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I also live in New England...Got a new 2019 Frontier a year ago...Tires are great when there is no snow...but feels like Russian Roulette whenever it snows.. We are almost though this winter but next fall I'll be scratching my head again on what to do because I don't put a lot of miles on and tires will still be good...In my experience over the many past years and trucks I've had...I went with the Copper Discoverer AT which were recommended by my trusted independent garage....I have been very happy with them and they will be my go to this time also..I've always been a BF Goodrich fan too...I'm sure all mentioned are a good choice but personally I have a soft spot for the Cooper's... Nice look...nice smooth and quiet ride...good in winter and wear well.
 

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I have the General Grabber A/TXs LT 235/85r16 and they're great. I went with Load E, so they're heavy, but great. Here in the DelMarVa area, ( Maryland ) we've been getting crapped on for about 2 weeks now. The Generals went through icy-snow mix, slush and frozen mush, and heavy rain. Not a single break-away or wheelspin detected. I wish they were a little lighter but other than that, would buy again in a heartbeat. The tread is not real noisy, a small amount of hum, very aggressive block pattern and the sidewalls have cut guard ribbing molded in ( as do most ATs for that matter ) that not only protect the carcass but look aggressive as heck.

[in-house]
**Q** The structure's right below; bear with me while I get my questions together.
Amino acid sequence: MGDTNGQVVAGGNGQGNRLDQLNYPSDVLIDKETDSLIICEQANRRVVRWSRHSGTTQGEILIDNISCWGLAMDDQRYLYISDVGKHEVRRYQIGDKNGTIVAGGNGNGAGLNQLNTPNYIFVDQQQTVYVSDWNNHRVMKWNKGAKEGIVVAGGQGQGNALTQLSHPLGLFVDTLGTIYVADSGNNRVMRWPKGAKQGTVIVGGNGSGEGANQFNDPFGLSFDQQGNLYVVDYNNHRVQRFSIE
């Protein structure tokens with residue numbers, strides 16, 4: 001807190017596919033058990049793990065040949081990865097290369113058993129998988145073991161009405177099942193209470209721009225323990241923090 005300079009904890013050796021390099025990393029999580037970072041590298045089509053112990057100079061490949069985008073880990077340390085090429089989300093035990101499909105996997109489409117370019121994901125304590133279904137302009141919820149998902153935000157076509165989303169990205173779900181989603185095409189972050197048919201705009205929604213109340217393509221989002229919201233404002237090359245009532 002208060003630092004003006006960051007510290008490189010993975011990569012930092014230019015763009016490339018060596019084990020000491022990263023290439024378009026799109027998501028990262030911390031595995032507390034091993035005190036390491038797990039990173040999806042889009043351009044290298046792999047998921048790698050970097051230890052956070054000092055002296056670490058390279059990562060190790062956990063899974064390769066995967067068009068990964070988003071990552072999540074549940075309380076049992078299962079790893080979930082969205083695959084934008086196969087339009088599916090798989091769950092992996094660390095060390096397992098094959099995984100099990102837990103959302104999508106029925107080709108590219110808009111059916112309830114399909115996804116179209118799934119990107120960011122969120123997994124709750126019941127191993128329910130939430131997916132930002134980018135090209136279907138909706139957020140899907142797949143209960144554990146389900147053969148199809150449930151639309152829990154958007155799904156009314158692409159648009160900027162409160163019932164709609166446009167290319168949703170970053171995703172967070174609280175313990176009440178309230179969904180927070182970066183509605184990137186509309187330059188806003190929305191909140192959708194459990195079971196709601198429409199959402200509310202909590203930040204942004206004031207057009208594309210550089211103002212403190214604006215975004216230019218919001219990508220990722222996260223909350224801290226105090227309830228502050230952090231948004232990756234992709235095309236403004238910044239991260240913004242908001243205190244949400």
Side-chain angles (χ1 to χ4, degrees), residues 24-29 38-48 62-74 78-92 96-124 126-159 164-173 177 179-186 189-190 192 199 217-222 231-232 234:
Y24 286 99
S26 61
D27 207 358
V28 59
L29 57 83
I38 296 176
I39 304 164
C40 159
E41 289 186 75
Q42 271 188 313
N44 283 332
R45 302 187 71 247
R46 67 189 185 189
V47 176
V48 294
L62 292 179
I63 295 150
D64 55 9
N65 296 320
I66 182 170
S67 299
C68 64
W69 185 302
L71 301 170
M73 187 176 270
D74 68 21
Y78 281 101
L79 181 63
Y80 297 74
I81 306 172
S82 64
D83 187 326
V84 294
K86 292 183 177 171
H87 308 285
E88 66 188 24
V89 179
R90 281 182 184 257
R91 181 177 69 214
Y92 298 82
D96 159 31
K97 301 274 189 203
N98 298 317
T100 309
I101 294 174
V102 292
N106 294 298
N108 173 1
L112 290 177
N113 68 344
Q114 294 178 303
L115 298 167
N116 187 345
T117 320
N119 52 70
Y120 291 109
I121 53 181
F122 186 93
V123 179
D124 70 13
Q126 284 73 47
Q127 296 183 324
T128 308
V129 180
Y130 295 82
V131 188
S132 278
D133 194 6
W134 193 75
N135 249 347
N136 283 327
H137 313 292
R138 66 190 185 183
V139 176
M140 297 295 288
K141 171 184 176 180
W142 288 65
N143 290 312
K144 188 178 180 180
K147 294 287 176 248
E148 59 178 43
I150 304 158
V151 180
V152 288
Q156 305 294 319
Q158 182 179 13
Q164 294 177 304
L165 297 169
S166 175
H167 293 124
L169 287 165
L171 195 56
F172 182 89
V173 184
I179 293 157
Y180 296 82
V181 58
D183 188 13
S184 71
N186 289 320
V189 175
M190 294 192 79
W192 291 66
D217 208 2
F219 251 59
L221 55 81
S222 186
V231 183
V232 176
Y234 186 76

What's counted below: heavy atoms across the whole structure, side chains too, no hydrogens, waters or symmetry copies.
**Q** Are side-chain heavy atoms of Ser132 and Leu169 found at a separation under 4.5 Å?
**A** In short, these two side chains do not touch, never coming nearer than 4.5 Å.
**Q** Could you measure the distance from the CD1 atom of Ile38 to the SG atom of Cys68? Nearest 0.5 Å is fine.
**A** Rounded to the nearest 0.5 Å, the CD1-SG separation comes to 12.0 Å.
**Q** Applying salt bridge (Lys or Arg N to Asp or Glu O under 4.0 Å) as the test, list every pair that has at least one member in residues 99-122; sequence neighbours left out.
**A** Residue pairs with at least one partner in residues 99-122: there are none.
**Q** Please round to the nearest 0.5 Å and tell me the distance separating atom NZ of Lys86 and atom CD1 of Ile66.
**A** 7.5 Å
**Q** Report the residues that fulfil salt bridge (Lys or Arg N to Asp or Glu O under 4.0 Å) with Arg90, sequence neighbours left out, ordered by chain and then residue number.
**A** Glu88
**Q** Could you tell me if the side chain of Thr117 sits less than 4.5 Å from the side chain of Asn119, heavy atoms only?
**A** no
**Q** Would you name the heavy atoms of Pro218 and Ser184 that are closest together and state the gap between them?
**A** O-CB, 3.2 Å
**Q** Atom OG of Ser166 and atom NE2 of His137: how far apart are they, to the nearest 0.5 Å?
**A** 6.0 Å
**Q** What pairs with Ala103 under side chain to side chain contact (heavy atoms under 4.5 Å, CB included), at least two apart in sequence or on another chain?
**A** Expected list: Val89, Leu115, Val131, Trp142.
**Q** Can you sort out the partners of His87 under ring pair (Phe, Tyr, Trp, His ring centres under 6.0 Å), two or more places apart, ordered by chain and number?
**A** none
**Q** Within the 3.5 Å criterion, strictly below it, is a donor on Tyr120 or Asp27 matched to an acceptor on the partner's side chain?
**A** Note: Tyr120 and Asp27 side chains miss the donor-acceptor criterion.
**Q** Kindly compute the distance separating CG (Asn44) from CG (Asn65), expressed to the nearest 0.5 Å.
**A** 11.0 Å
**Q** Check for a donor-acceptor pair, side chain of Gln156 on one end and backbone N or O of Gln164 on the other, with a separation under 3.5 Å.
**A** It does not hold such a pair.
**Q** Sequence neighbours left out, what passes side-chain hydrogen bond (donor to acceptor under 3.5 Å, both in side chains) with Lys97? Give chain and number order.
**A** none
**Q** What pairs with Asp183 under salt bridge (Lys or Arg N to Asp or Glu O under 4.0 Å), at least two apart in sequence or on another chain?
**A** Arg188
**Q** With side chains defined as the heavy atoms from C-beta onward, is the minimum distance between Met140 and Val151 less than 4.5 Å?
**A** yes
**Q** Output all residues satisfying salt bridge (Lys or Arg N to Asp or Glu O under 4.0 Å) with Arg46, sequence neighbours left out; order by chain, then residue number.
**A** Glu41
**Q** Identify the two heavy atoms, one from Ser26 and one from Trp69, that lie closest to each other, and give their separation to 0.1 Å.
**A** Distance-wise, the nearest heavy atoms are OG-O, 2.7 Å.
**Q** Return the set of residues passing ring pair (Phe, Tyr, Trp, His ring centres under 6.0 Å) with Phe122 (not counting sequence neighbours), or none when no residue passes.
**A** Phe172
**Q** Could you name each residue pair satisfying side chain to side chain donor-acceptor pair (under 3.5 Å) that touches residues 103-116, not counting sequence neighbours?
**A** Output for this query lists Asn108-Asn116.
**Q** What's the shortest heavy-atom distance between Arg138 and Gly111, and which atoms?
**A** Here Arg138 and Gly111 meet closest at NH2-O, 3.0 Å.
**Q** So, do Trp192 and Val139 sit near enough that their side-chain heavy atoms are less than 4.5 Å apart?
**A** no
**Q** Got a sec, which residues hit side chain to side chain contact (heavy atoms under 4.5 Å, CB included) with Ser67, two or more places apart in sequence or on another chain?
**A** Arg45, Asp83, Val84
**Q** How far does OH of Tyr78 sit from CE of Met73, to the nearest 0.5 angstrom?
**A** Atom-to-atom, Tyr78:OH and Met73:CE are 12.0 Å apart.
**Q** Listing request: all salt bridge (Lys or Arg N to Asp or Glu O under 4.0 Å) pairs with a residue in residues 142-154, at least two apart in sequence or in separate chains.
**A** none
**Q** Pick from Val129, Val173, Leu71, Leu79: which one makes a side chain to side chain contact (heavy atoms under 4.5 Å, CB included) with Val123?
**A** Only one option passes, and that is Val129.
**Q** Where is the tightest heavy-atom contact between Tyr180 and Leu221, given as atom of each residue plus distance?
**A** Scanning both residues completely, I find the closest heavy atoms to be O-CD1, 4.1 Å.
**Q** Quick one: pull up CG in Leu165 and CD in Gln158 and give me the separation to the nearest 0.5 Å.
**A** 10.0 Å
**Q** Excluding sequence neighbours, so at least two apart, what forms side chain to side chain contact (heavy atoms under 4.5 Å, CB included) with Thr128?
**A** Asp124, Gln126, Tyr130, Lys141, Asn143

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For people who have tried multiple AT tires, which of them are as quiet or more quiet than the OEM Hankook Dynapro ATM? I'm more than happy with the performance of them so far and they seem quiet enough on the highway. When it comes time to replace, I'd go for the Dynapro AT2 just because of my positive experience with the ATM, unless one of the popular choices (BFG, Falken, etc.) are more quiet. I'm sure all the popular AT tires are severe snow rated, which is also important for me. Off road performance is not very important for me.
 

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@RockMechanic said it best. Those are the most popular and any on that list would be a great choice.

I've got to give a shout out to Hankook tires for that number 6 slot. They are don't have the brand recognition like other companies but they make a great tire at a great price. I've have MT2s on my truck for almost a year now and have been very impressed with their on road performance for a mud terrain. They handle rain as well as any other tire. I spent 5 hours on a rainy interstate drive at night and they gripped the whole time through heavy downpours and ponding. They also proved themselves in the recent snow and ice was well. They tackled the icy hills in my area without issue. Off-road in the rocks dirt and mud they do their thing like a boss.

If I were in the market for an AT tire I would be looking at the Hankook AT2s. Especially if you're in a wet climate.
 

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I have the General Grabber A/TXs LT 235/85r16 and they're great. I went with Load E, so they're heavy, but great. Here in the DelMarVa area, ( Maryland ) we've been getting crapped on for about 2 weeks now. The Generals went through icy-snow mix, slush and frozen mush, and heavy rain. Not a single break-away or wheelspin detected. I wish they were a little lighter but other than that, would buy again in a heartbeat. The tread is not real noisy, a small amount of hum, very aggressive block pattern and the sidewalls have cut guard ribbing molded in ( as do most ATs for that matter ) that not only protect the carcass but look aggressive as heck.
+1 on the ATx. I live in Oregon, & they have been terrific. They replaced a set of KO2's & are much better in the rain. Lots of steep, gravelly fire & logging roads here. They just shrug it off & roll.